Transcranial magnetic stimulation (TMS) for depression is a difficult topic. The TMS treatment that people need will only be effective if they understand it. To put it another way, the treatment may only be valid if the patient understands what it is.
In this article, we will discuss how TMS treatment works. We will also discuss how it helps people control their mood and depression.
What Is TMS?
Transcranial magnetic stimulation is a non-invasive procedure that doctors use to treat depression. This is an effective remedy for people with high levels of depression. The procedure is done to stimulate the nerve cells in the brain. When this happens, the symptoms of depression improve, including its underlying causes.
This remedy is an effective alternative. Various treatments of depression have been proven to be ineffective. When nothing else works, TMS is the next step.
How It Works
The process of TMS starts when an electromagnetic coil is placed on the scalp. This coil then delivers a painless magnetic pulse to the brain. This will stimulate the nerve cells in your brain. These nerve cells are responsible for the regulation and moderation of your mood. These are also the control systems that if not modulated will cause depression. TMS is also said to be effective in activating the regions of the brain with low activity.
There’s still a lot of study to be done for TMS to understand more of how it works. But the process has already offered relief to many depressed patients. With this, it’s been touted to be a safe alternative and remedy for the illness. It has provided a considerable amount of mood improvement to those who have undergone the treatment.
Other Uses of TMS
You may have also heard that TMS is not just used for depression. It’ s also a robust way of diagnostically measuring the connection between the brain and the muscle to understand causes, effects, and treatment for stroke, multiple sclerosis, movement disorders and other diseases that hit the motor neuron area of the body.
However, it is in the treatment of major depressive disorder that TMS has found its profound use. You may also be able to observe TMS in treatment for schizophrenia, but there’s not a lot of evidence in its effectivity so far.
While TMS is a proven effective remedy for depression, it may also help to supplement this treatment with the proven essentials of improving one’s mood. Choosing the right kind of food, engaging in moderate exercise 2.5 hours a week and getting your lifestyle tempered to a low-stress level will also be effective in bolstering the power of TMS.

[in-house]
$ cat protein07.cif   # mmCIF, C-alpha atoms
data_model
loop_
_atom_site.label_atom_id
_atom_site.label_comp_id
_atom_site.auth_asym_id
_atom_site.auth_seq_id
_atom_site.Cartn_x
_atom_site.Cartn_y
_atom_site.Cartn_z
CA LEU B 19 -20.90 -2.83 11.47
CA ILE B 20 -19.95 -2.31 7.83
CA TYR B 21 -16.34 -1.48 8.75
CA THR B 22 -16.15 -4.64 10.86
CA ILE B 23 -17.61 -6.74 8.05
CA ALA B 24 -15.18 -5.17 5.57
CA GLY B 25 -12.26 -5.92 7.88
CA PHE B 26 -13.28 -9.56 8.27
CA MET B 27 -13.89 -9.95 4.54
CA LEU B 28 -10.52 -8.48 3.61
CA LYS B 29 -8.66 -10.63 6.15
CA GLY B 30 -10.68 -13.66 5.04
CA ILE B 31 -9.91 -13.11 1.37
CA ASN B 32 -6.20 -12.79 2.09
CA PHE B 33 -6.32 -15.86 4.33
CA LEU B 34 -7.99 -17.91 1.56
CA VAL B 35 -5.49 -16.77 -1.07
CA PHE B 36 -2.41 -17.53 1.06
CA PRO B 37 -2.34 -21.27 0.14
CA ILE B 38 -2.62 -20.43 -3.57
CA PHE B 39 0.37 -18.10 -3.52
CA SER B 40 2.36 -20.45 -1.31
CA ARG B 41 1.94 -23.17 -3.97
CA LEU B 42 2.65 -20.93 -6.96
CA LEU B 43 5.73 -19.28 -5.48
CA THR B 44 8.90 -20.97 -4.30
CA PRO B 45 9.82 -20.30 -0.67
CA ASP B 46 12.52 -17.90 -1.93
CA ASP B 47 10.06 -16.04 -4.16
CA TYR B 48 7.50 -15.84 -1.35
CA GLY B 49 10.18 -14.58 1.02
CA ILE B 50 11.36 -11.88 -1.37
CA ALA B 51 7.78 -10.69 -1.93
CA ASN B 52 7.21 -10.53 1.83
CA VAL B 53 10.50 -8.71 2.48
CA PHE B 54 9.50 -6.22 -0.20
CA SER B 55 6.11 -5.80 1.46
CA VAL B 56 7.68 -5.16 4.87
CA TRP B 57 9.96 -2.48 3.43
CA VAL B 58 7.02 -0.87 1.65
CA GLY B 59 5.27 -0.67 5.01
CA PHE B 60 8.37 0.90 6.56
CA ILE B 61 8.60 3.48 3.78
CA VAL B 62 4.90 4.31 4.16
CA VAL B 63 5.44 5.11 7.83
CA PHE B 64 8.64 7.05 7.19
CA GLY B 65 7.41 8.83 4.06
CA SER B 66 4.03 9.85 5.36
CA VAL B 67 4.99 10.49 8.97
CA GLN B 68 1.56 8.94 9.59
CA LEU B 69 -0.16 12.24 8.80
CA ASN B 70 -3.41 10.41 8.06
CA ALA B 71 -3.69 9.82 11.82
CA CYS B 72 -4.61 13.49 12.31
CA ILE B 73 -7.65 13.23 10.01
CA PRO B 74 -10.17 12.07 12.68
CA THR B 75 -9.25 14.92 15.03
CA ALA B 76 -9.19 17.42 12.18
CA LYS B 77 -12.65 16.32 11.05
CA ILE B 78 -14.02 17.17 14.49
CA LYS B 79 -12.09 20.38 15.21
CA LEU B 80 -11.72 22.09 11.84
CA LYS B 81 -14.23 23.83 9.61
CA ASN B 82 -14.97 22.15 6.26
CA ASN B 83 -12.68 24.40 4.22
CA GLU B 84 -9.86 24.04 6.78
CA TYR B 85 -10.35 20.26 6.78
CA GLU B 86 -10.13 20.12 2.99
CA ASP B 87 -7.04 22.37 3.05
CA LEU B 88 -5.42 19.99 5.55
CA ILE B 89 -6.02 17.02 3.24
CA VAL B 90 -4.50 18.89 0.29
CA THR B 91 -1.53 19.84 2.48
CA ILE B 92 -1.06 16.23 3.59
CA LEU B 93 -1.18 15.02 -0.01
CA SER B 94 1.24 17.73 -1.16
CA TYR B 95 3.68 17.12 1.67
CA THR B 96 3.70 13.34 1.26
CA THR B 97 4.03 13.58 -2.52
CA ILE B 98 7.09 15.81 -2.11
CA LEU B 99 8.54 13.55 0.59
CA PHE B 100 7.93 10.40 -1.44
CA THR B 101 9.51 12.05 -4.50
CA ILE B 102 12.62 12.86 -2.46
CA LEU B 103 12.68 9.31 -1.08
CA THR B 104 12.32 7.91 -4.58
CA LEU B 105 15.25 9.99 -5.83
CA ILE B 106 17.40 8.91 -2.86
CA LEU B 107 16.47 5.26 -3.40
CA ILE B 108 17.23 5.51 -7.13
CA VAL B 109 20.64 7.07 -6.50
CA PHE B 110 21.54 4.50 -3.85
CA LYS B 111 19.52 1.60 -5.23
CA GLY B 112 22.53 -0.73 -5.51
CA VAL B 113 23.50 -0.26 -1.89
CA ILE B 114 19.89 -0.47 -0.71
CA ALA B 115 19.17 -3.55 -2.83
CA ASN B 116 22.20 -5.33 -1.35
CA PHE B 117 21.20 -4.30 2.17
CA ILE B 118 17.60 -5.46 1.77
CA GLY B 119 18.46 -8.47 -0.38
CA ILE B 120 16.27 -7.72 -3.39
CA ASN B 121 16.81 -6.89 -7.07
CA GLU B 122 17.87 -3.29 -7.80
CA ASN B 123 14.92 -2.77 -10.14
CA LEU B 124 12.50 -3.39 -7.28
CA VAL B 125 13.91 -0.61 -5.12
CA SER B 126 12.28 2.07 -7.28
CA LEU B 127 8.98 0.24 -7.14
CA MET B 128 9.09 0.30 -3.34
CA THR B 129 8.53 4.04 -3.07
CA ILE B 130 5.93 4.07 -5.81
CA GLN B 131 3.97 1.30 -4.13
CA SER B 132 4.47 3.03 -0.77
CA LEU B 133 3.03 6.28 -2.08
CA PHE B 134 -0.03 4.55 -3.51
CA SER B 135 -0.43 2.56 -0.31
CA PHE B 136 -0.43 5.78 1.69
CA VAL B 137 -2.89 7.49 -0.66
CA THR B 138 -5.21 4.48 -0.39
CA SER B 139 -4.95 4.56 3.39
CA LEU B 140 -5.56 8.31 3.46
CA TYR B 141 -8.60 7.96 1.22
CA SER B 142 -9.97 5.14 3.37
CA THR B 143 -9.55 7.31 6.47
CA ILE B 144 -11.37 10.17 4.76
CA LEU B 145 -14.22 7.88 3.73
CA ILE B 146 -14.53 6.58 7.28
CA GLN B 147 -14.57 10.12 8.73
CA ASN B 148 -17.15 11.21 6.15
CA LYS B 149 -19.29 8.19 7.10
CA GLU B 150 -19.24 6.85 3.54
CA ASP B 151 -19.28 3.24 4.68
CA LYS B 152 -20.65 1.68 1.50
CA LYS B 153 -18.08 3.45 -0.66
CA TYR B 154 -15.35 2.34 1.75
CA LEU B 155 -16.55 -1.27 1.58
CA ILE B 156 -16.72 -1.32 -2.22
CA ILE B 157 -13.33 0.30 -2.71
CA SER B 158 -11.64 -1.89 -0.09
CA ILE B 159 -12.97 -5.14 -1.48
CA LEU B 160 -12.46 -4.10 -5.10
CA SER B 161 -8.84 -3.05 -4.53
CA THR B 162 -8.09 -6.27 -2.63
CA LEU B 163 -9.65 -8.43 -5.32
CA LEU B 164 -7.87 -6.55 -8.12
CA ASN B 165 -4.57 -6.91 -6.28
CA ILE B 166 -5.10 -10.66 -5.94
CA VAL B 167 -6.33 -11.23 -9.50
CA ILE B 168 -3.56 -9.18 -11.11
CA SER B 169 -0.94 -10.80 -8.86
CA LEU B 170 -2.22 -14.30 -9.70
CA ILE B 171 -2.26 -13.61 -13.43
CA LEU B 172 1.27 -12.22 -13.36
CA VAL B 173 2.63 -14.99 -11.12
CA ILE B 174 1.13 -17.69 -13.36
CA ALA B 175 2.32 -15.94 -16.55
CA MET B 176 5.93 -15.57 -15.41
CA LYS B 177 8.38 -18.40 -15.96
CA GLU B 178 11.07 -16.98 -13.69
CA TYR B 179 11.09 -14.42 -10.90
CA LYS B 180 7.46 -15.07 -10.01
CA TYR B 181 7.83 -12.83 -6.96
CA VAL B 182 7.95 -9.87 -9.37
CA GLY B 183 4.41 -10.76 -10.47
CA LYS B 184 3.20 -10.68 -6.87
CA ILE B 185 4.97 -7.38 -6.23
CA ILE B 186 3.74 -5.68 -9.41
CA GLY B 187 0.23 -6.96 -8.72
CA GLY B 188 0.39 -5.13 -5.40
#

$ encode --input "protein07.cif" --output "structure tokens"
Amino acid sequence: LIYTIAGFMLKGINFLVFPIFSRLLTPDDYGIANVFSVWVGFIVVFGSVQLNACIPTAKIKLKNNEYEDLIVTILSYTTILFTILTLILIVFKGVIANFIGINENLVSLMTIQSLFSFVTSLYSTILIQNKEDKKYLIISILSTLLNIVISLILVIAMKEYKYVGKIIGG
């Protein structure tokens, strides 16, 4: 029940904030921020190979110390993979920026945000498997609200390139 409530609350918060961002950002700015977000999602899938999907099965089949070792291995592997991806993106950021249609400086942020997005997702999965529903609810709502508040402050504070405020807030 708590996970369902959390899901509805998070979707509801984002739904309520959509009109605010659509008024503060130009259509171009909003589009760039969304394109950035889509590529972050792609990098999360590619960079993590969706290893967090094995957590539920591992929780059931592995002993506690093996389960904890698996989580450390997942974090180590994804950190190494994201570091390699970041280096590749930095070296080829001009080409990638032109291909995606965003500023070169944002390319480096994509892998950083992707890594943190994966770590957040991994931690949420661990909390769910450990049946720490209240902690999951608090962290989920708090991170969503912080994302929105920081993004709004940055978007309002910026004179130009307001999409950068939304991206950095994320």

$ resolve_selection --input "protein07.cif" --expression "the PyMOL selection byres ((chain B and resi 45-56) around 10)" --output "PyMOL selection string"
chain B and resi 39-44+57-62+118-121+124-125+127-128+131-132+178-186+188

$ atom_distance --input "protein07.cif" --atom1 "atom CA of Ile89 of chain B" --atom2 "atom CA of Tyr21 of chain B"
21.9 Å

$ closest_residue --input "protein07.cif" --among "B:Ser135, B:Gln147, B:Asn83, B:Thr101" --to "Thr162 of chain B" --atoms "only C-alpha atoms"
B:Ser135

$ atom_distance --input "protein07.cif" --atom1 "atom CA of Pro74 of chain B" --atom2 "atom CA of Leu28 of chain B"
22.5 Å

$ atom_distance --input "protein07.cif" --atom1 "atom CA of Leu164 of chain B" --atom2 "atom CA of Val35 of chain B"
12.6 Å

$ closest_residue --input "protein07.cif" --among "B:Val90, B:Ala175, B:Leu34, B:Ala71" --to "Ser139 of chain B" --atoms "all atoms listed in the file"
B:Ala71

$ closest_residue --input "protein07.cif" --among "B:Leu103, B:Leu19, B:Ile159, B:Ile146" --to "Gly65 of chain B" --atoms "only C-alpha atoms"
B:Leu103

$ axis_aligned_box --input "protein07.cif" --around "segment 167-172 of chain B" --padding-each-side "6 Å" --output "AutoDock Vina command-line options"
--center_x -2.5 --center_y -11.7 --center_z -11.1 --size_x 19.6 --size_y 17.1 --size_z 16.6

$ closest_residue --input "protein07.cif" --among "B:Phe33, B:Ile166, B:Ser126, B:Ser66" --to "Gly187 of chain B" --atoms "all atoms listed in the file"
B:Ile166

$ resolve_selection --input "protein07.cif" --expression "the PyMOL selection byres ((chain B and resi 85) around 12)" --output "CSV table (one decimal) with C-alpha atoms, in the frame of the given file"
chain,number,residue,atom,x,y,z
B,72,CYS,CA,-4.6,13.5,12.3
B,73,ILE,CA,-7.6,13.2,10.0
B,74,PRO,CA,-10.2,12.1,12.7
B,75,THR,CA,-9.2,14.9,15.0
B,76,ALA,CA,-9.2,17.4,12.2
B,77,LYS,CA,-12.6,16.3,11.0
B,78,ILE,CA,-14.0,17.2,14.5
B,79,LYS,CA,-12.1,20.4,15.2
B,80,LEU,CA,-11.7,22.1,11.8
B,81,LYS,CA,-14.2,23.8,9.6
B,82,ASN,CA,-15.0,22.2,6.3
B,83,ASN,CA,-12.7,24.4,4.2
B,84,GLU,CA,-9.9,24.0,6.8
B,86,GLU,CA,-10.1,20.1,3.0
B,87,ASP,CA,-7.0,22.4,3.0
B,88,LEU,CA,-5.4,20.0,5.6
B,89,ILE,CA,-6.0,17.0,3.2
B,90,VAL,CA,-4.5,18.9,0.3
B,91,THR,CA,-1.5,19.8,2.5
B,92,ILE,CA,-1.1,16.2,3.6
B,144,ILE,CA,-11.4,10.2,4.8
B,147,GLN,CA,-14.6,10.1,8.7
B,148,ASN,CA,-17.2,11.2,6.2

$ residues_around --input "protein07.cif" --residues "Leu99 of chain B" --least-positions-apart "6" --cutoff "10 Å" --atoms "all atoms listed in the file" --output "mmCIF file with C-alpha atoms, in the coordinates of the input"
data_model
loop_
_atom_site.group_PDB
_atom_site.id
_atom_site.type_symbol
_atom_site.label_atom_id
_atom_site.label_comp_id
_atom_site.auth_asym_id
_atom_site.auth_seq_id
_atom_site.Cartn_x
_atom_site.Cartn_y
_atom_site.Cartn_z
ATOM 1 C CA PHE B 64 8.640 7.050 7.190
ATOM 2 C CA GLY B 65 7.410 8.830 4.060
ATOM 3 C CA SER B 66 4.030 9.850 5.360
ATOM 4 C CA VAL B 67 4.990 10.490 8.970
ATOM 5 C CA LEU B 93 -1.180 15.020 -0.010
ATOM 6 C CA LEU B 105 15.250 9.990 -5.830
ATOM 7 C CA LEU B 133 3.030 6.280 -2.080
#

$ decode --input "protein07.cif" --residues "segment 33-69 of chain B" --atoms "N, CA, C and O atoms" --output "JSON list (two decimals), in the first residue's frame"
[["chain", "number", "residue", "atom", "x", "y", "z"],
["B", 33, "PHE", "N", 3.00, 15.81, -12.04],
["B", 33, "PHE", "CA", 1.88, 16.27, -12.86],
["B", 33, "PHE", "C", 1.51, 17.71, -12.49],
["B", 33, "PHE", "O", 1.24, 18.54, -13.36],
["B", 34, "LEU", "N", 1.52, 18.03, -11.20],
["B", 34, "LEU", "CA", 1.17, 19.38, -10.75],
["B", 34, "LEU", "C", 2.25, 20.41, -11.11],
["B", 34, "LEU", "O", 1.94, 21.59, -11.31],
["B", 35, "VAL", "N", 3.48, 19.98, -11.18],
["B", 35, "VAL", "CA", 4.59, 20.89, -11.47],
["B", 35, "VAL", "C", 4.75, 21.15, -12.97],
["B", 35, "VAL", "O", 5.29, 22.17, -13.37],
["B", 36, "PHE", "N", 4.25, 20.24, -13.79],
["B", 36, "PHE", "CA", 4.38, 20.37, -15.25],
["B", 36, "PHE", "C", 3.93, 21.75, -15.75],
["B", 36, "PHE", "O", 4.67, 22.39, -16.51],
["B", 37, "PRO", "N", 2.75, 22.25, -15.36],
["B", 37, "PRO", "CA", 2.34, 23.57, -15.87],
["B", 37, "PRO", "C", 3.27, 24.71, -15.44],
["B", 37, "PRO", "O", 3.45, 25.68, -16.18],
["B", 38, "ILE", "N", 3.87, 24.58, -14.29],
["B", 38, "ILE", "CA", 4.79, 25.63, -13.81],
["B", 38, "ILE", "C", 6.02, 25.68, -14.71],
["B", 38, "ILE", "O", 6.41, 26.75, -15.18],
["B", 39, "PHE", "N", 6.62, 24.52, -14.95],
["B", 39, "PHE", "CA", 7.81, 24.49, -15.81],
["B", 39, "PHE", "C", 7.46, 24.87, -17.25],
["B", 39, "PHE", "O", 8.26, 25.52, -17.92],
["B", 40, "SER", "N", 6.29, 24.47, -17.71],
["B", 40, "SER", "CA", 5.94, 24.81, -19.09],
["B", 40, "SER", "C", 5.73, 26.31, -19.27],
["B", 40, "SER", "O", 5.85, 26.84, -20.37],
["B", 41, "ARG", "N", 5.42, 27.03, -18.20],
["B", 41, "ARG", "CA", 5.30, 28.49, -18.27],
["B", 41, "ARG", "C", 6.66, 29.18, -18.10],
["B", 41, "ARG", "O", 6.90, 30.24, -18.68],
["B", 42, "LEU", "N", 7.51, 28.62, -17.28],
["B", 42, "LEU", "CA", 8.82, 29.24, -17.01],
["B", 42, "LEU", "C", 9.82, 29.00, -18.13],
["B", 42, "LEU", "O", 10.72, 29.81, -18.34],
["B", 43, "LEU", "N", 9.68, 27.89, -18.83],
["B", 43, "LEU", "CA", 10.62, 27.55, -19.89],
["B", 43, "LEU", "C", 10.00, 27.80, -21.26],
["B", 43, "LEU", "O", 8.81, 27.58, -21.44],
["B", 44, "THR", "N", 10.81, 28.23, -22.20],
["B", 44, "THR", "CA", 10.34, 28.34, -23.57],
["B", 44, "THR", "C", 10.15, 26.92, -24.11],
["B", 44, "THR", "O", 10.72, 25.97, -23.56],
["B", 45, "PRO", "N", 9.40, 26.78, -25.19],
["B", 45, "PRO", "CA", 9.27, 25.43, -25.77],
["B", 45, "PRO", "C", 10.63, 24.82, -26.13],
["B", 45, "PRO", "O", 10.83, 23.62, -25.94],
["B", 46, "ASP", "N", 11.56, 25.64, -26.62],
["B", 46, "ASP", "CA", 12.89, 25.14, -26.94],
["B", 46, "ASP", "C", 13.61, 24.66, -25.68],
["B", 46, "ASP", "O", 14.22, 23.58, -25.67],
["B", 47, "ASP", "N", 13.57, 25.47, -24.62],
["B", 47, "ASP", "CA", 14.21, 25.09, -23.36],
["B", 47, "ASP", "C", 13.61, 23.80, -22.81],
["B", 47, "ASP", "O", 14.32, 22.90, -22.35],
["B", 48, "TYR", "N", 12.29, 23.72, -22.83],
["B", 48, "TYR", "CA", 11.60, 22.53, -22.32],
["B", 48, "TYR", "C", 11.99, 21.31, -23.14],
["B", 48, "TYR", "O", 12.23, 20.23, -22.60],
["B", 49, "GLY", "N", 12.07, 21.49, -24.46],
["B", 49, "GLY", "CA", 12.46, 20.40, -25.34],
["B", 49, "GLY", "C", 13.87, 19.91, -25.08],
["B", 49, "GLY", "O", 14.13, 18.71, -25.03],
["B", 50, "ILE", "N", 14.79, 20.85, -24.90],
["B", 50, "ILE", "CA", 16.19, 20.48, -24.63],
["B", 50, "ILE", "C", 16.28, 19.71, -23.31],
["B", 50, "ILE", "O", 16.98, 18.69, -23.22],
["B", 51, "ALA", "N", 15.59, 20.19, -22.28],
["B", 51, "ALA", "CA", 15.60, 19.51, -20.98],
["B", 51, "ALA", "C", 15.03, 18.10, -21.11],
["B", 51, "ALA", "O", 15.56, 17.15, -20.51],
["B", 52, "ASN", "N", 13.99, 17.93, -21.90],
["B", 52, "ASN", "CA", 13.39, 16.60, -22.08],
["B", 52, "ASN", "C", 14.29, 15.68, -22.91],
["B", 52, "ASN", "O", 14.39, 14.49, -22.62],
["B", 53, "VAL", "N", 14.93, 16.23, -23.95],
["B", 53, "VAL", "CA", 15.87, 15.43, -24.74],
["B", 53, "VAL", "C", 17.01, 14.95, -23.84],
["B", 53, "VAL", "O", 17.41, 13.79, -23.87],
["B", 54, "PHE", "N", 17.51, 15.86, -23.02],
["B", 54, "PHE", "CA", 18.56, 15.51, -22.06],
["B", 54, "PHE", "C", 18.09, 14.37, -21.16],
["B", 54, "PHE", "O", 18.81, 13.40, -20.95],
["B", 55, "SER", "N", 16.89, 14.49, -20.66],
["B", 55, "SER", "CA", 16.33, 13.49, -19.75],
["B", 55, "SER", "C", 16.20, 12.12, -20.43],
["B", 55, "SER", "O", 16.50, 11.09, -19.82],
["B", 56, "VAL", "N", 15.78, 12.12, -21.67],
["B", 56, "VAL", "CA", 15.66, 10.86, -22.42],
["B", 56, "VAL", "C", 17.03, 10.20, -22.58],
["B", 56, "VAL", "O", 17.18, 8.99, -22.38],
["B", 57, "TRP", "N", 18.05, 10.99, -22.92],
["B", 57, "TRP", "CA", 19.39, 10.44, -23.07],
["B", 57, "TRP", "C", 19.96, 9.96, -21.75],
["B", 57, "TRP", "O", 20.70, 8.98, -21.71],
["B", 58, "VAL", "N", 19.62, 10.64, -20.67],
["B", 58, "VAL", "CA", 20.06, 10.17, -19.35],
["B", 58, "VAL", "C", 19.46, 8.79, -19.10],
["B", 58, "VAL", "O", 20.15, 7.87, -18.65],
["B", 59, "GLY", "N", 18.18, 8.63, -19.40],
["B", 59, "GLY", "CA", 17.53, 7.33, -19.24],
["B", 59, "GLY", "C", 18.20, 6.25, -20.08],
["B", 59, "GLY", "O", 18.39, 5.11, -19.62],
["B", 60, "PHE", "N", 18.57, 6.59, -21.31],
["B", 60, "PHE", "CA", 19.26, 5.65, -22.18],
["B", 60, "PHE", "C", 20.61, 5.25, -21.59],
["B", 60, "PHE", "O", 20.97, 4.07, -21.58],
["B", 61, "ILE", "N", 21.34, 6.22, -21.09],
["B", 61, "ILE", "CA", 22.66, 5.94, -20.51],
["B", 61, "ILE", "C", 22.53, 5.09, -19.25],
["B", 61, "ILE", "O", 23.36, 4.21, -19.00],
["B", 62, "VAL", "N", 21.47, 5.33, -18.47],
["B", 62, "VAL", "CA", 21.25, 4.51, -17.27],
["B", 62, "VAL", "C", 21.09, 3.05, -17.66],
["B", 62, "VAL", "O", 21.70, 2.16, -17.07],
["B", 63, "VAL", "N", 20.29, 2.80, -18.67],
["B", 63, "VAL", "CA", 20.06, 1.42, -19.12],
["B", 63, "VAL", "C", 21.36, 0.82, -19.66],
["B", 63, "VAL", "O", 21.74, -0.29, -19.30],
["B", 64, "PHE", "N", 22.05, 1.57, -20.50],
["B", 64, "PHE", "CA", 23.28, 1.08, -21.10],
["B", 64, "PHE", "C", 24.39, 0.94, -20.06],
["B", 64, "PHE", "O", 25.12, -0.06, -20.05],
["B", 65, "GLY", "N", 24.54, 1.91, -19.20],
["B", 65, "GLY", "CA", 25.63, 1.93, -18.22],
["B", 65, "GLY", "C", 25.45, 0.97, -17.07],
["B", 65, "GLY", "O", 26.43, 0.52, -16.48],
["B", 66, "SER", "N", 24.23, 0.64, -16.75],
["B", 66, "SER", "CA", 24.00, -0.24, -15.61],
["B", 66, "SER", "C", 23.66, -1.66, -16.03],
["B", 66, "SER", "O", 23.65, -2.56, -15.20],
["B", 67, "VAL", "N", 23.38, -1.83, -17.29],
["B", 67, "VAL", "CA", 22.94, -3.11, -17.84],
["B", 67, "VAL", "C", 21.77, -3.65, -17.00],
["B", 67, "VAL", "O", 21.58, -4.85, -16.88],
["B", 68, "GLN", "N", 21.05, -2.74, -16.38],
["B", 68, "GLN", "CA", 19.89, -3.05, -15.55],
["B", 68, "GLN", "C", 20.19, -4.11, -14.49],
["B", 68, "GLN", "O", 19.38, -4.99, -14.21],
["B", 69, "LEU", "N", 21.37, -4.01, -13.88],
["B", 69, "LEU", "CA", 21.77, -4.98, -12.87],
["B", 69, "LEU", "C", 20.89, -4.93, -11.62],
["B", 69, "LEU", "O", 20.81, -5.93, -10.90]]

Proper diet and exercise have always been an effective strategy to help some aspects of depression, and they should not be forgotten by anyone undergoing TMS. There’s considerable research available from the U.S. Government itself that says that picking foods that are not processed and are chemical-free will help in any person’s treatment for depression.
We also understand the importance of organic ways to remedy or mitigate the symptoms of depression. With such post-treatment strategies, depression will be something that can be adequately addressed, treated, or at least understood. With the right guide from a physician, TMS offers the best alternate treatment to depression medications.
Accomplished Physician with numerous certifications and years of experience in Substance Abuse Treatment and Internal Medicine. Strong understanding of the importance of the implementation of Medical Protocols in the effective treatment of Substance Use Disorder. Known as an early adopter who thinks “outside the box”, and is always actively involved in finding new innovative therapeutic and diagnostic modalities, utilizing the latest cutting edge technology, to help find a solution to the current addictions epidemic that is rampant throughout the nation.
- Board Certified Internal Medicine Physician Licensed in FL.
- SAMHSA certification for Suboxone (Waivered for 200 patients) – 2015
- Buprenorphine Training Activity v4.0
- Neurostar University Certified TMS Treater Certification
- ECFMG Certification – 2003